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DEE GOODIN • May 8, 2007 at 12:00 AM

The court-appointed attorney for an Elizabethton man charged with rape and murder in the death of a diminutive 22-year-old woman laid his cards on the table Monday.

Clifton Corker will defend Robert Miller, charged in the death of Krystal Gale Dubuque, 22, on the basis that Dubuque was accidentally suffocated during what Corker delicately described as “rough sex.” Although the jury was not seated until 5:20 Monday afternoon, Corker’s questions to potential jurors as well as comments made during a late afternoon pre-trial motion hearing clearly indicated the defense attorney’s strategy.

The first attempt at trying Miller for the crimes ended in mistrial on March 28, after Dr. Gretel Stephens, forensic pathologist, gave testimony that surprised not only Corker and Assistant District Attorney General Ken Baldwin but Criminal Judge Robert Cupp as well.

After declaring the mistrial, Cupp said, “When General Baldwin heard it, it was a surprise. Mr. Corker was taken aback ... I was taken aback.”

After releasing the jury for the day Monday, Dr. William McCormack took the witness stand. With more than 50 years experience in forensic pathology, McCormack testified as to how the rate of inflammation following an injury can determine the time of death.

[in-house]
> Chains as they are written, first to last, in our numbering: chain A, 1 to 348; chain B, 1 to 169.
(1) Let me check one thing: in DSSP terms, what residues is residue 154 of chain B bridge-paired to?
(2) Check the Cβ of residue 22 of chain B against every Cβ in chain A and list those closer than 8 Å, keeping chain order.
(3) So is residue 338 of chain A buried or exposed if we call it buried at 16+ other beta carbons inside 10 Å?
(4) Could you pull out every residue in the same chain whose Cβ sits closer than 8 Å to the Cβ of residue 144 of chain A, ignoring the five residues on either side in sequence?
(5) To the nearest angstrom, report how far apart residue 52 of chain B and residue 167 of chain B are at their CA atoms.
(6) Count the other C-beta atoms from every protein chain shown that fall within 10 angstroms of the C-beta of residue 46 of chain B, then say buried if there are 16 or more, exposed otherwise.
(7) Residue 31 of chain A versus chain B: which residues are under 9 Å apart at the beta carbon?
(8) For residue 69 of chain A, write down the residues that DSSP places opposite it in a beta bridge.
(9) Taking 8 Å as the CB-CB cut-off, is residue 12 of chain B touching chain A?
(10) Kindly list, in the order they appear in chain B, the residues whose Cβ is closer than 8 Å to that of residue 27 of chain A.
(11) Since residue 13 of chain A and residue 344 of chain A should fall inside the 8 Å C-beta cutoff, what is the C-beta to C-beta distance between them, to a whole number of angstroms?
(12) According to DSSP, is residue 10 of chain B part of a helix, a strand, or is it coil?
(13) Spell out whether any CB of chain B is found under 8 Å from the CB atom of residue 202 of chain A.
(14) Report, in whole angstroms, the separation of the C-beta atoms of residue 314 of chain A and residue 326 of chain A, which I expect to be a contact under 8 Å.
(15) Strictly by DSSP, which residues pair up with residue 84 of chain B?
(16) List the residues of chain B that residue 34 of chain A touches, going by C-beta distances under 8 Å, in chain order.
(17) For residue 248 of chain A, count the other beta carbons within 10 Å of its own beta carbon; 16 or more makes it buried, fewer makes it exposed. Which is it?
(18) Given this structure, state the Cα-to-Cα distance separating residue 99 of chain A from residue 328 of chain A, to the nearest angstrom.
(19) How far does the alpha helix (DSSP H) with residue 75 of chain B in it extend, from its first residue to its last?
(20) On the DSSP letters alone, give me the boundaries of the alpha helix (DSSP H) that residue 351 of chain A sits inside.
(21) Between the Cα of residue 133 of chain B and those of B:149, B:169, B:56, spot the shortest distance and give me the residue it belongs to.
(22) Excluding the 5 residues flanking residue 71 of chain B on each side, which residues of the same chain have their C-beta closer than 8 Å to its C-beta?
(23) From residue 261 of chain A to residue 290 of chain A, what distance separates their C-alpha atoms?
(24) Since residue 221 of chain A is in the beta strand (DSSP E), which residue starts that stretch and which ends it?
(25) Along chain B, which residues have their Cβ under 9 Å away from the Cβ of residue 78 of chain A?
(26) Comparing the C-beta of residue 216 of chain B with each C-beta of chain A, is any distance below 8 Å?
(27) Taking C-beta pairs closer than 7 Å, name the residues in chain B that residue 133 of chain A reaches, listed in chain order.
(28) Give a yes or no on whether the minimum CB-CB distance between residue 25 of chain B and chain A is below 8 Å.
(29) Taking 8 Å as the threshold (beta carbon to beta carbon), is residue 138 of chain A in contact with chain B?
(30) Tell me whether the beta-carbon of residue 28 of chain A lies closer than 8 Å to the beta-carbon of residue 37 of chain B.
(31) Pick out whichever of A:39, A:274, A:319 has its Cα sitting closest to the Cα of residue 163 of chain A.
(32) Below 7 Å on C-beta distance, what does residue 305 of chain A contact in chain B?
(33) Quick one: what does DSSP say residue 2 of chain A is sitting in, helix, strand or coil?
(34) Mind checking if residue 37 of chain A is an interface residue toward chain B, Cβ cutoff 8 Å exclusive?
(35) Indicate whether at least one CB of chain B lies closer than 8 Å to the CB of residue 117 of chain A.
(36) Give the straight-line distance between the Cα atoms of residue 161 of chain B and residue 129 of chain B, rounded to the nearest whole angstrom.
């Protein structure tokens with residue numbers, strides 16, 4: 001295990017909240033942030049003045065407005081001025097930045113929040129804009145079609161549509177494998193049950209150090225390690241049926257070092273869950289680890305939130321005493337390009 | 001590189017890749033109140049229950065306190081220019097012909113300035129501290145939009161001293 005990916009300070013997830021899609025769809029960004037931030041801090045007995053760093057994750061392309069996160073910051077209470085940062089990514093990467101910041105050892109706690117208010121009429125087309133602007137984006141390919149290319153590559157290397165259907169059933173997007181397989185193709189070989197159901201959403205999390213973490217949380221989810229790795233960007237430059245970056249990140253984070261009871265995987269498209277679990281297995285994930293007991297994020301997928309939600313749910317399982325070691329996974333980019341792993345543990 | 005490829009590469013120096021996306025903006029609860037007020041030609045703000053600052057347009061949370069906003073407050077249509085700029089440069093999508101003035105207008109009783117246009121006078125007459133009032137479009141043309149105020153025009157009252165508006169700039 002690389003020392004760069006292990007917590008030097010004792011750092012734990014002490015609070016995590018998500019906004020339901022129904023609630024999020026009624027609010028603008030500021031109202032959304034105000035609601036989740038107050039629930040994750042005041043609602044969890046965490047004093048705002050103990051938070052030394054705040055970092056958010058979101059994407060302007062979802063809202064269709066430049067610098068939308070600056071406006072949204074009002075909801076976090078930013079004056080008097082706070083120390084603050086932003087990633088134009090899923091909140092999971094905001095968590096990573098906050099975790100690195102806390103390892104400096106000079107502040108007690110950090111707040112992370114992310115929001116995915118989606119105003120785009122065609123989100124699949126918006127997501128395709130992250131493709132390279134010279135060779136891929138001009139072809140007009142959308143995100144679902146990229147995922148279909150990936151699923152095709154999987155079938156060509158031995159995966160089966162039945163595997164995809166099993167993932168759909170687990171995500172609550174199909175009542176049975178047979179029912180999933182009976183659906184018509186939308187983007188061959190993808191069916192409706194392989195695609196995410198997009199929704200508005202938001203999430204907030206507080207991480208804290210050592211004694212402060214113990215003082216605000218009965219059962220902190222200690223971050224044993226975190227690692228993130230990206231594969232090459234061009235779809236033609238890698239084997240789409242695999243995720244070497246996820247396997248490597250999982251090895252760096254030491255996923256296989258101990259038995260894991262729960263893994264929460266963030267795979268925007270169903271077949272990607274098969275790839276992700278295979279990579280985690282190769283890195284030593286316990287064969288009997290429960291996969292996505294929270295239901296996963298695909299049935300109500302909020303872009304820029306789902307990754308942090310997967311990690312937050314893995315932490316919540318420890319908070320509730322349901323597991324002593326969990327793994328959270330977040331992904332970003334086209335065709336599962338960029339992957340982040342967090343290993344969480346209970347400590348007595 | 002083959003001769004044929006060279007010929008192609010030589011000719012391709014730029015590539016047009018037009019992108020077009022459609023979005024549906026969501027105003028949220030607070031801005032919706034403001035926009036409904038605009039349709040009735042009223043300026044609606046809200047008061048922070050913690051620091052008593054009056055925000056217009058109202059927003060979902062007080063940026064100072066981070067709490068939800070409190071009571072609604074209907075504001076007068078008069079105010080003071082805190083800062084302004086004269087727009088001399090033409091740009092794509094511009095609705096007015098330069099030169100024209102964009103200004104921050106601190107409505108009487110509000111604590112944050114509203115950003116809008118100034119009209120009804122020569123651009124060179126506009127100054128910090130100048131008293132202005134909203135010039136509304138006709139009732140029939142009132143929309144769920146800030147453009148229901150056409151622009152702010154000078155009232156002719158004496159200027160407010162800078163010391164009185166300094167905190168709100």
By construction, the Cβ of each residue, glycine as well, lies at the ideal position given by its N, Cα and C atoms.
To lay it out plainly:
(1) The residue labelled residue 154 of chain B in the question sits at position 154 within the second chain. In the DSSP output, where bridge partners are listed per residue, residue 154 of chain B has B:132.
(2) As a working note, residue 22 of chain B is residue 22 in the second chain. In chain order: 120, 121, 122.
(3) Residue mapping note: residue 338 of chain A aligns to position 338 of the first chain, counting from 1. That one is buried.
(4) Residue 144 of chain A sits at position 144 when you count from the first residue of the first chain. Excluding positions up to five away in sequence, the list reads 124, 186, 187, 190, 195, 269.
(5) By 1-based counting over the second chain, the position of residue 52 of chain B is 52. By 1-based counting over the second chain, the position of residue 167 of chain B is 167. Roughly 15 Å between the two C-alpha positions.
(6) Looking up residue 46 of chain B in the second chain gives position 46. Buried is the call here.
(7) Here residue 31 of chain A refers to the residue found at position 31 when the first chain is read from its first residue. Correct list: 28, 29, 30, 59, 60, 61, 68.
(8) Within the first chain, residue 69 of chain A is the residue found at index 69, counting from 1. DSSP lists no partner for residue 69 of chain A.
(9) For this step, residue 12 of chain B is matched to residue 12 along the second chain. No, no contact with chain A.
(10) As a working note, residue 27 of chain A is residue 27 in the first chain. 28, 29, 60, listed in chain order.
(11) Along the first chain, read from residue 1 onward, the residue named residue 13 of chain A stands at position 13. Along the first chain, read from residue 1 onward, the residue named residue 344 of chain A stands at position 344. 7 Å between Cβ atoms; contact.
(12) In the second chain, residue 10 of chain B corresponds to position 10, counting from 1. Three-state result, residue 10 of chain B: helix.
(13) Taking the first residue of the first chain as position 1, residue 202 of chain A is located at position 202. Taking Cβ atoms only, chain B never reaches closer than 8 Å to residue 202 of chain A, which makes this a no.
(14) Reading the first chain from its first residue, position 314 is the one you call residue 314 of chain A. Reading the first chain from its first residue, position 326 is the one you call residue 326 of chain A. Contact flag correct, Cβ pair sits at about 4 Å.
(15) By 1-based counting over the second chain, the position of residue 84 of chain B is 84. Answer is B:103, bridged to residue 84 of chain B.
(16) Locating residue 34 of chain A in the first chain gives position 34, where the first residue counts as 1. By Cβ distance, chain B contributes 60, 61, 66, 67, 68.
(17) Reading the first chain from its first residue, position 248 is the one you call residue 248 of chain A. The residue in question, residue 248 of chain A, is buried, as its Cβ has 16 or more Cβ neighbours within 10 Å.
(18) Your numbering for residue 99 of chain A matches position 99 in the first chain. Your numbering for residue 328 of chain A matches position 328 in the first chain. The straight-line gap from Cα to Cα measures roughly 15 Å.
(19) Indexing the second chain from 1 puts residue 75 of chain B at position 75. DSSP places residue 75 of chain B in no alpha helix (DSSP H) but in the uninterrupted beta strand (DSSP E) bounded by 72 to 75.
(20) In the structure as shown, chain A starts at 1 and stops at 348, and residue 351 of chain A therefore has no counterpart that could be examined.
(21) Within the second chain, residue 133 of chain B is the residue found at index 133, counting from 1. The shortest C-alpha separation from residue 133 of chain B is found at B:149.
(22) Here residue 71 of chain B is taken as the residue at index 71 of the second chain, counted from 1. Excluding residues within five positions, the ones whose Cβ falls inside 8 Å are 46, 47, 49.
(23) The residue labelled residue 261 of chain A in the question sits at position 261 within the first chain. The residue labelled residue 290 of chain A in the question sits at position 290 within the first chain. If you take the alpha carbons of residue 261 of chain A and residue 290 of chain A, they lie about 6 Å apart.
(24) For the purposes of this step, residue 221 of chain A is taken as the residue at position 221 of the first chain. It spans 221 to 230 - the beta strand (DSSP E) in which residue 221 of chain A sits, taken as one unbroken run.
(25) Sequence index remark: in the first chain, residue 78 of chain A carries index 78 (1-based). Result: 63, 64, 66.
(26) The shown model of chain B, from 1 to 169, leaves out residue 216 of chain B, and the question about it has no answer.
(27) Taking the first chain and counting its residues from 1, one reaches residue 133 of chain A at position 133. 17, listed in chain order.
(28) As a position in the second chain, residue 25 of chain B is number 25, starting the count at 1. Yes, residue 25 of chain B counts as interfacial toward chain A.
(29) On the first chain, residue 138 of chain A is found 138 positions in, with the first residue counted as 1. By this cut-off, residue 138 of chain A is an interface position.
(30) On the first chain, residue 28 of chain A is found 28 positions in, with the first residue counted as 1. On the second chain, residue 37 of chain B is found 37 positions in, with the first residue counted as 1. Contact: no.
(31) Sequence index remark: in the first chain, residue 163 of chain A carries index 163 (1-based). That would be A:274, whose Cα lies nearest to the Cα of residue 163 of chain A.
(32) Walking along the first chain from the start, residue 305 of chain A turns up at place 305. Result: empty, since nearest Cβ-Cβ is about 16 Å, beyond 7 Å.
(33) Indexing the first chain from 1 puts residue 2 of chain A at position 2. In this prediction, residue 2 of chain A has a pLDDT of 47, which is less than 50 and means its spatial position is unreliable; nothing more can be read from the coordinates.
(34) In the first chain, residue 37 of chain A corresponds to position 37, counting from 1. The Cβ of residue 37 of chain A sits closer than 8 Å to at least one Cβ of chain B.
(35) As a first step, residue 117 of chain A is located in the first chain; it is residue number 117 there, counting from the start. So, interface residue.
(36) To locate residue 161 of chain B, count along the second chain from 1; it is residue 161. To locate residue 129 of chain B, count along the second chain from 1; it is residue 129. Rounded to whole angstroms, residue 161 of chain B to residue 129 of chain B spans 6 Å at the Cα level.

McCormack stated the time of death was at the most two hours after Dubuque’s injuries. “Soon you’ll see (it was) less than that,” he told Corker. “... I think it’s less than an hour.”

According to McCormack, in addition to rectal and vaginal injuries, Dubuque’s “broad ligament,” which supports the female reproductive organs, and one of her ovaries were damaged. When Corker asked if McCormack would describe sexual intercourse that resulted in such injuries as “rough sex,” McCormack responded, “Yes I would and I can tell you my wife would. This was not a gentle seduction, but I don’t think you’re going to contend it was.”

Dubuque, who was about 5 feet tall and weighed less than 100 pounds, was reported missing on Feb. 15, 2004. Three days after her car was found partially in the Watauga River, Dubuque’s body was found 1,500 feet downstream from that location.

Opening arguments are scheduled to begin this morning at 9 a.m.

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